These negative behaviors are key indicators of the need for the Southern University Ag Center’s Full Circle Parenting classes which help individuals “piece it together,” said Ervin. In September, three educational sessions were conducted including self-esteem, anger management, family values and simple scrap quilting to empower these parents to take control of their family situations.

An overwhelming number of today’s parents and grandparents believe it is more difficult to raise a family now than it was a generation ago. All parents want their children to succeed.

But knowing how to help them make smart choices and avoid pitfalls is not easy. These parenting sessions equip parents and guardians to strengthen relationships with children and other family members, improve communication, and manage family stress. 

After a few sessions, participants said they would apply the new techniques to parenting and share with family members. During the Scrap Quilting classes, participants enjoyed choosing colors, cutting, and laying out the pieces for their scrap quilt tops. Piecing the patterns together brought smiles to many faces. “The lesson learned was that hard work pays off like the beautiful quilt as the finished product,” said Ervin.

Wednesday, October 14

USDA grant supports ongoing business development

The Center for Rural and Small Business Development at Southern University Ag Center has been awarded a $100,000 economic development and business promotion grant by the United States Department of Agriculture.

Only 13 other 1890 institutions received the competitive award. "These funds help provide entrepreneurship
training and benefits to rural youth," said USDA secretary Tom Vilsack. "President Obama believes our nation's economic competitiveness and the path to the American dream depend on providing every student with an education that will enable them to succeed in a global economy. Using these funds, students will learn to take advantage of existing economic development opportunities in their communities - such as renewable energy resources - as well as the vast business knowledge and connections that these schools and their faculty members have."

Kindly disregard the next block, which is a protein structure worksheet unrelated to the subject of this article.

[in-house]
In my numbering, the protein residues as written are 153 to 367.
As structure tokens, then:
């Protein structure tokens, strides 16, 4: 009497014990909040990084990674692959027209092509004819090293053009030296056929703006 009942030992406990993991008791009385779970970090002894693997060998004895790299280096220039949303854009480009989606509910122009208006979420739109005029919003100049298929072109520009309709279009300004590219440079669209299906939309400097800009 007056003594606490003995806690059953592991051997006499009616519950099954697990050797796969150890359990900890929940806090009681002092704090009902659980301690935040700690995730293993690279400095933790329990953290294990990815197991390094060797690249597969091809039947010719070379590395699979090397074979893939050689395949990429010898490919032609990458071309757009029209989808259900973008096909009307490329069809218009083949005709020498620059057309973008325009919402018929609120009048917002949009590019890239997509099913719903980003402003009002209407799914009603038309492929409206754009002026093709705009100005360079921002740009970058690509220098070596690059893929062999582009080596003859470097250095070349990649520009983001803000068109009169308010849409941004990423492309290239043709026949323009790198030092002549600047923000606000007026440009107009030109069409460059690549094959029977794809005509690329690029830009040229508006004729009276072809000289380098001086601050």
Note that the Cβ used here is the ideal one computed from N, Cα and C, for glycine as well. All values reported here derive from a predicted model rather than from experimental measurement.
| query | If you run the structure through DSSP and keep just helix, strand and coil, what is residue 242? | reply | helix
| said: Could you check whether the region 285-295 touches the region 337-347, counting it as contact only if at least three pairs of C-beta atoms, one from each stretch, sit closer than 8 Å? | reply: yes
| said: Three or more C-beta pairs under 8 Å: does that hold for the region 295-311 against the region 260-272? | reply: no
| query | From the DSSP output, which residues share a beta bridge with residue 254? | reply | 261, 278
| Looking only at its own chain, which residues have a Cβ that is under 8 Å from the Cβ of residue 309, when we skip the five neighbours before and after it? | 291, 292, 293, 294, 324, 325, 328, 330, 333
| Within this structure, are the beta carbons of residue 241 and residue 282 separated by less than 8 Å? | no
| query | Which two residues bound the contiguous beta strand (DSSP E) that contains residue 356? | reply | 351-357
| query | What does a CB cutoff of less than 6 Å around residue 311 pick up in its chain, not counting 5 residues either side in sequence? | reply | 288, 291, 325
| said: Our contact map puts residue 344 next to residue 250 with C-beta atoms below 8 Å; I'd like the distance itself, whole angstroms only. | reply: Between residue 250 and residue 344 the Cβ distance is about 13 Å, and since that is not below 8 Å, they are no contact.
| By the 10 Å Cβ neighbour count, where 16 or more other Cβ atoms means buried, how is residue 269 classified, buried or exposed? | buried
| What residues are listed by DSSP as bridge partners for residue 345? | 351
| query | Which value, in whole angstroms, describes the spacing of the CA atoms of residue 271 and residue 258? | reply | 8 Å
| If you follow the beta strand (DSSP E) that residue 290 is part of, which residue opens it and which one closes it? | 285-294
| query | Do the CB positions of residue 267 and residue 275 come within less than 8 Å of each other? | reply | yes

The grant, provided through USDA Rural Development, will help the Center for Rural and Small Business Development continue creating businesses, promoting cooperatives and providing jobs training. For more information, visit or

Wednesday, October 7

USDA announces National Institute of Food and Agriculture


Thursday, October 8, will be a very important day for USDA science, with the formal launch of the National Institute of Food and Agriculture .  USDA Secretary Tom Vilsack intends to deliver a major address on the future of USDA science at the National Press Club.  

The event – including the Secretary’s remarks – will be webcast live at  beginning at 2 p.m. Eastern Daylight Time.  

NIFA replaces USDA's Cooperative State Research, Education, and Extension Services. Like CSREES, NIFA focuses on investing in science and solving critical issues impacting people's daily lives and the nation's future. For more information, visit  CSREES continues to fund programs at the Southern University Ag Center throughout the state.